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High-speed trains arrive in Strasbourg

Traveling by train to this city that is home to the European Parliament takes so long that even the boss of France's national rail company prefers flying.
/ Source: The Associated Press

Traveling by train to this city that is home to the European Parliament takes so long that even the boss of France's national rail company prefers flying.

With the arrival of a high-speed train Sunday, the plane trip will no longer be necessary: The new "TGV" service will cut the train journey between Paris and this Alsatian city in eastern France by nearly half — to two hours and 20 minutes.

It's been a long time coming.

Making line a priority
Seeking to improve access to Strasbourg, which also is the seat of the Council of Europe and the European Court of Human Rights, the European Union included the French TGV Est line among its priority transportation projects in 1994.

But funding problems delayed the venture, leaving France's seventh largest city cut off from the 960-mile network of high-speed train lines radiating north, west and south — but not east — of Paris.

"For two decades we were the victims of Paris-centrism. They'd tell us the line wouldn't be profitable and couldn't be paid from public funds alone because not enough people would travel between Paris and Strasbourg," said Strasbourg's deputy mayor, Pascal Mangin.

"That is such an insular way of thinking. They never realized people would travel beyond France on this line, to Luxembourg, Germany, Switzerland," he said.

Eventually, the $4.3 billion project found backing from 22 partners that included the EU, the governments of France and Luxembourg, train operators and French regional governments.

Alternative to flying
Trains on the new 252-mile line reaching Strasbourg via Reims, Metz and Nancy are expected to travel at speeds of up to 199 mph, compared to a maximum of 186 mph for current TGV trains.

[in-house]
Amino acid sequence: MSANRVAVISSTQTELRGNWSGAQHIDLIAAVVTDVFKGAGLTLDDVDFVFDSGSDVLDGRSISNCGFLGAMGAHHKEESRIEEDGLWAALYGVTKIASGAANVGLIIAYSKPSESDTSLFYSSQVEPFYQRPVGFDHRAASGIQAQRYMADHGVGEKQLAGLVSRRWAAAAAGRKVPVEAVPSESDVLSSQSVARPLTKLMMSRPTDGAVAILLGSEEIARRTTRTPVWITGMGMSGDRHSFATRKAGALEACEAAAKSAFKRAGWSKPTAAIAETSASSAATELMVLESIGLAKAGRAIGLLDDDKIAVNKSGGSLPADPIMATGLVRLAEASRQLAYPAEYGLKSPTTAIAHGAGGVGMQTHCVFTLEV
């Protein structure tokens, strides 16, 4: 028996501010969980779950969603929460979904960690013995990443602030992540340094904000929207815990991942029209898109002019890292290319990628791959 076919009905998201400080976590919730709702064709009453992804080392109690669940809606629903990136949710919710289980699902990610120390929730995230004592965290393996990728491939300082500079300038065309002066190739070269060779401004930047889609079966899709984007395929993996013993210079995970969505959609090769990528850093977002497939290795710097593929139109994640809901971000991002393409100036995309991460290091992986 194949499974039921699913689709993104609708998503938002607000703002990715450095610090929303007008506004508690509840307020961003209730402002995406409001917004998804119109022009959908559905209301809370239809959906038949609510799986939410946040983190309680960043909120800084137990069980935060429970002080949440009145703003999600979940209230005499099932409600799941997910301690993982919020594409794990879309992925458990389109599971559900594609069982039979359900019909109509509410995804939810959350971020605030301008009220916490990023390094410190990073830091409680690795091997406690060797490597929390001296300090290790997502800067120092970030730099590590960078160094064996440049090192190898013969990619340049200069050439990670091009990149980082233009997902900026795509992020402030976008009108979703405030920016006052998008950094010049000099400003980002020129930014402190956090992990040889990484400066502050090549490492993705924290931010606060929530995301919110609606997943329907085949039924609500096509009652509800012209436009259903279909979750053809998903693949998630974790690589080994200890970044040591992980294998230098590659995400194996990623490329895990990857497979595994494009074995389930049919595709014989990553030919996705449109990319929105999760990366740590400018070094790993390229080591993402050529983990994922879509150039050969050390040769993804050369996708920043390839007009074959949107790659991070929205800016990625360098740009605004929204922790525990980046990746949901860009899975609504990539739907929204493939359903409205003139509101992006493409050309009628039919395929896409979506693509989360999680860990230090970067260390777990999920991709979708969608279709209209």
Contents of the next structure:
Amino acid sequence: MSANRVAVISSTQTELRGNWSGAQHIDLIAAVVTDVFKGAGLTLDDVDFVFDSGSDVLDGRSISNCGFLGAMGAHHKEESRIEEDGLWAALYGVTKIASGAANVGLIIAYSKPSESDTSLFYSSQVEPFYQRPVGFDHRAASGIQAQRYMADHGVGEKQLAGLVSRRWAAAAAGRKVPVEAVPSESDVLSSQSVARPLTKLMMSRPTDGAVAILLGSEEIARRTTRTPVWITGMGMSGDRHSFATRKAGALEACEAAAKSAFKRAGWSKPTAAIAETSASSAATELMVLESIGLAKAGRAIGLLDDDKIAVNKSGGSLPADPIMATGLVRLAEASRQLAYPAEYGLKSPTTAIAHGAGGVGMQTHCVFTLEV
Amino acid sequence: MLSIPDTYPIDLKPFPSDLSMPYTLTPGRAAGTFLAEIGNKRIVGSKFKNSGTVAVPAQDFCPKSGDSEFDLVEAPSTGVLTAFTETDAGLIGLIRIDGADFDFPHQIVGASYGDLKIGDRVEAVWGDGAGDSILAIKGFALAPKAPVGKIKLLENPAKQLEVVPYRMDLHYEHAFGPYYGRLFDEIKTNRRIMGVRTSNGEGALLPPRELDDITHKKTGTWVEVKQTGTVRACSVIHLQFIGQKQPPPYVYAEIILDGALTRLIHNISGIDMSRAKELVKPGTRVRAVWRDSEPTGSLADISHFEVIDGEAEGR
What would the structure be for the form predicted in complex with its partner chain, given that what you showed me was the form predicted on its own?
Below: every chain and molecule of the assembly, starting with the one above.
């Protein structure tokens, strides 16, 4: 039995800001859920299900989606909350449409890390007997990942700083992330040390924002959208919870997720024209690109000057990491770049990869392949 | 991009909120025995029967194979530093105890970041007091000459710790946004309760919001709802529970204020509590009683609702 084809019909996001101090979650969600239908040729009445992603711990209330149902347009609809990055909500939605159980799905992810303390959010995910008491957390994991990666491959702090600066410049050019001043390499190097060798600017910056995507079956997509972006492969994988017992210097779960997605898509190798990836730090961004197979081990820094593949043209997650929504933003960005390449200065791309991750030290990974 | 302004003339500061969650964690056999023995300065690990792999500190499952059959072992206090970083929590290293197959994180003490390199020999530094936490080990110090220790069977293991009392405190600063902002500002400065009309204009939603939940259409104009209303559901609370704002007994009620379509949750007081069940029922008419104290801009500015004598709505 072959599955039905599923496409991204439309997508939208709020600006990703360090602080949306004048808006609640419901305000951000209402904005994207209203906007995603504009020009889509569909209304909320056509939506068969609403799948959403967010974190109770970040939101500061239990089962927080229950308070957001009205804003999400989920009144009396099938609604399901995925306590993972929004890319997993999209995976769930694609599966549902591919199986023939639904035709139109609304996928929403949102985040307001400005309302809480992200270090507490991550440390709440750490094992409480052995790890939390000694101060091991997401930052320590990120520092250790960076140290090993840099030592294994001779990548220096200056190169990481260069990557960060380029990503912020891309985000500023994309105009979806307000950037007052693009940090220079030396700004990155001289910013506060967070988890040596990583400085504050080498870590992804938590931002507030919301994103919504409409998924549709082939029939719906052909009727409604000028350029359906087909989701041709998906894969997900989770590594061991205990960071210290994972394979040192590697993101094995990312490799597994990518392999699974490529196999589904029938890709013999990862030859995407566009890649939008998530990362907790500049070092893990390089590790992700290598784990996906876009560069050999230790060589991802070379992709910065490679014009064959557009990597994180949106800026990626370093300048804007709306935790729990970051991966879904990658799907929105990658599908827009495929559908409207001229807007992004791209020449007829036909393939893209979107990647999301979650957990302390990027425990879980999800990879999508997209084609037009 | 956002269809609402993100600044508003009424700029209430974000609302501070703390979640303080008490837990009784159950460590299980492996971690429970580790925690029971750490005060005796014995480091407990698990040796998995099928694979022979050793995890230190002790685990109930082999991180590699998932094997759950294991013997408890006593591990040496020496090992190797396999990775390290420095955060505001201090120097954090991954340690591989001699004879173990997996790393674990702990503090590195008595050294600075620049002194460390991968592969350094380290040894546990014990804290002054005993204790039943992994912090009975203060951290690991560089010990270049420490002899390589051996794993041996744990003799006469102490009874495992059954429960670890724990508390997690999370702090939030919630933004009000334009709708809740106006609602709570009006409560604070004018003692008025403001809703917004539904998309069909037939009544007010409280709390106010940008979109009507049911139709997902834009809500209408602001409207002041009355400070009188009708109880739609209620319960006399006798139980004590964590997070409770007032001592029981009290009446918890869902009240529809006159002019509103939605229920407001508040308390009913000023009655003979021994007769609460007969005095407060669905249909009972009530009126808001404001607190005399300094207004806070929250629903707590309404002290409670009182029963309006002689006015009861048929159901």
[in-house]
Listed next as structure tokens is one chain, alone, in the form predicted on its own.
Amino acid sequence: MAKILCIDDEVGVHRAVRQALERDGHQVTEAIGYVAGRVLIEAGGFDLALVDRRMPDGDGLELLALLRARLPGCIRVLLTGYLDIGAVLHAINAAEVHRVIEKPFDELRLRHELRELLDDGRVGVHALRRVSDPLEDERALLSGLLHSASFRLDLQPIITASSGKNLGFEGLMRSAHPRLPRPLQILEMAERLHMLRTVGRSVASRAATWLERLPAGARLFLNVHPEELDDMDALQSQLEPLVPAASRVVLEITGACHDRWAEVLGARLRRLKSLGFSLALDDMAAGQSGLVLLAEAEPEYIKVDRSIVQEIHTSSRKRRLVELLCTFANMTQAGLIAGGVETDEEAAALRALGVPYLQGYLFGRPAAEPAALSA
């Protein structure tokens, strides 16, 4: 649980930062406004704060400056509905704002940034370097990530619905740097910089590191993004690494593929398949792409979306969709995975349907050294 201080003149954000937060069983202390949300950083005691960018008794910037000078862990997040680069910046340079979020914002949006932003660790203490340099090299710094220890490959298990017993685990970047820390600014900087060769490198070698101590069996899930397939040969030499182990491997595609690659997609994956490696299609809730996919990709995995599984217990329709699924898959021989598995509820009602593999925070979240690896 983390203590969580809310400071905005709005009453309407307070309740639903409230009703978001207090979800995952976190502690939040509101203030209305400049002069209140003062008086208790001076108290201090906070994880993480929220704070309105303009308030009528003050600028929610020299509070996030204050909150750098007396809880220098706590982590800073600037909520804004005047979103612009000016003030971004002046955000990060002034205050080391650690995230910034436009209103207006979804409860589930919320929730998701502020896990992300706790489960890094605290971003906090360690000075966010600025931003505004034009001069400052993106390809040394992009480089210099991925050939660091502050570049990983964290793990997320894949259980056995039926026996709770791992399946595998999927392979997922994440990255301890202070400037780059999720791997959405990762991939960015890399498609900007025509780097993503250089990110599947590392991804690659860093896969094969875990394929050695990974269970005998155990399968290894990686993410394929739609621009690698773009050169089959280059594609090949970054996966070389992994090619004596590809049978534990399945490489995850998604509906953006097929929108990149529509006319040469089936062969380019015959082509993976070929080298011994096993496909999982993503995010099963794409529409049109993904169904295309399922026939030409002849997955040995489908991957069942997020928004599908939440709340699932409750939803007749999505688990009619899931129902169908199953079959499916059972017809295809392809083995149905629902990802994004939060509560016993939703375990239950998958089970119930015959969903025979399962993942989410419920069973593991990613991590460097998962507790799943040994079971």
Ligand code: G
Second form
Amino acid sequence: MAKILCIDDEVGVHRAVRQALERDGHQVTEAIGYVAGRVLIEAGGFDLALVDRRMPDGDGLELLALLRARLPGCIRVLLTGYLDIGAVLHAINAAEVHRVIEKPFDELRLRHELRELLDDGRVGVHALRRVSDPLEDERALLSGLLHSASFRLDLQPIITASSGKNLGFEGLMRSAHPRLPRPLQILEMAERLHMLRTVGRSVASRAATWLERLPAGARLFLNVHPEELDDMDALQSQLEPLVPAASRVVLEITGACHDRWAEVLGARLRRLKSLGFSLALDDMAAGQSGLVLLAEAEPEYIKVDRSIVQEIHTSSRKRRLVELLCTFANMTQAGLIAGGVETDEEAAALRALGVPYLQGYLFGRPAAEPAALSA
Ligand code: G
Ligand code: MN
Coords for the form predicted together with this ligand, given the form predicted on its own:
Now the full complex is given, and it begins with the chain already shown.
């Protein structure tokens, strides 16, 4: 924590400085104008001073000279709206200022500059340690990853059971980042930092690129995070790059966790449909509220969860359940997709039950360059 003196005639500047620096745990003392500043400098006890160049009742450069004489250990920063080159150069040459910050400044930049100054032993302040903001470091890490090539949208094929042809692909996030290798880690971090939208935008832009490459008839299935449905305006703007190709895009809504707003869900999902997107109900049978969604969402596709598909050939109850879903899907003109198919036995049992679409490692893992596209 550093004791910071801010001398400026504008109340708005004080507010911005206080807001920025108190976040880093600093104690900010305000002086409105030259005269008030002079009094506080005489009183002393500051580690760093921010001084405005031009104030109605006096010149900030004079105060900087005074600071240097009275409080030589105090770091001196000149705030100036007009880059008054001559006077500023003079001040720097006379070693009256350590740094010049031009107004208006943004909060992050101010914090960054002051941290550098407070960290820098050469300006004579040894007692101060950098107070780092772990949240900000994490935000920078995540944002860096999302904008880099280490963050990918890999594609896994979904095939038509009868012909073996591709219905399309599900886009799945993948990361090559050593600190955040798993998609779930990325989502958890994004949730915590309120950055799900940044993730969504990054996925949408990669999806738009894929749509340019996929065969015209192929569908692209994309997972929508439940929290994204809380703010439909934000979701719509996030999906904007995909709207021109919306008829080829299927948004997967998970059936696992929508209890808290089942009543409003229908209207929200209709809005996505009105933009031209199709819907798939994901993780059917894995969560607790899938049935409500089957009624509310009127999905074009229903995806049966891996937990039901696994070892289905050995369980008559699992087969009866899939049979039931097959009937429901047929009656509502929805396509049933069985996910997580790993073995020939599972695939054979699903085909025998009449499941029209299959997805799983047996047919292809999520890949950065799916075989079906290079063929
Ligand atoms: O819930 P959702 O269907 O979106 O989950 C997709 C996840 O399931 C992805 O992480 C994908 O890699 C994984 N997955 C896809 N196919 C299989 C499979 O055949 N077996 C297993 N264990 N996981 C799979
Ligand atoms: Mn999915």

The line will also greatly cut travel time from Paris to such places as Frankfurt and Stuttgart in Germany and Zurich, Switzerland, making trains a real alternative to flying.

It will not, however, affect the slow, cramped commute that many EU officials have to make every month from EU headquarters in Brussels, Belgium, to attend parliamentary sessions in Strasbourg.

The new line is part of what planners foresee as a network of high-speed railways stretching from Barcelona in northeastern Spain to Budapest in Hungary. Plans are to create two high-speed axes that meet in Strasbourg: one running Paris, Munich, Vienna and Budapest, the other linking Hamburg, Frankfurt, Lyon and Barcelona.

The EU has earmarked $27.5 billion to finance trans-European rail networks, much of it to five priority transcontinental links that are due to be completed by 2015.

For Strasbourg, the TGV is bringing hopes for more tourists, better business opportunities and a possible development boom.

"TGV is the talk of the town and everybody is waiting (to see) what it will do to the prices. So far we haven't registered a major increase, but let's wait for the trains to roll in," said Florent Fischer, an agent at the Foncia real estate agency.

During a recent tour of Strasbourg's 19th century rail station, which is being covered by a spectacular glass-and-steel arch as part of an $81 million makeover, France's top railway executive marveled at the landmark building — which she was seeing for the first time.

"I've been to Strasbourg before — by plane. I didn't realize this railway station was so beautiful," said Anne-Marie Idrac, head of the SNCF rail company.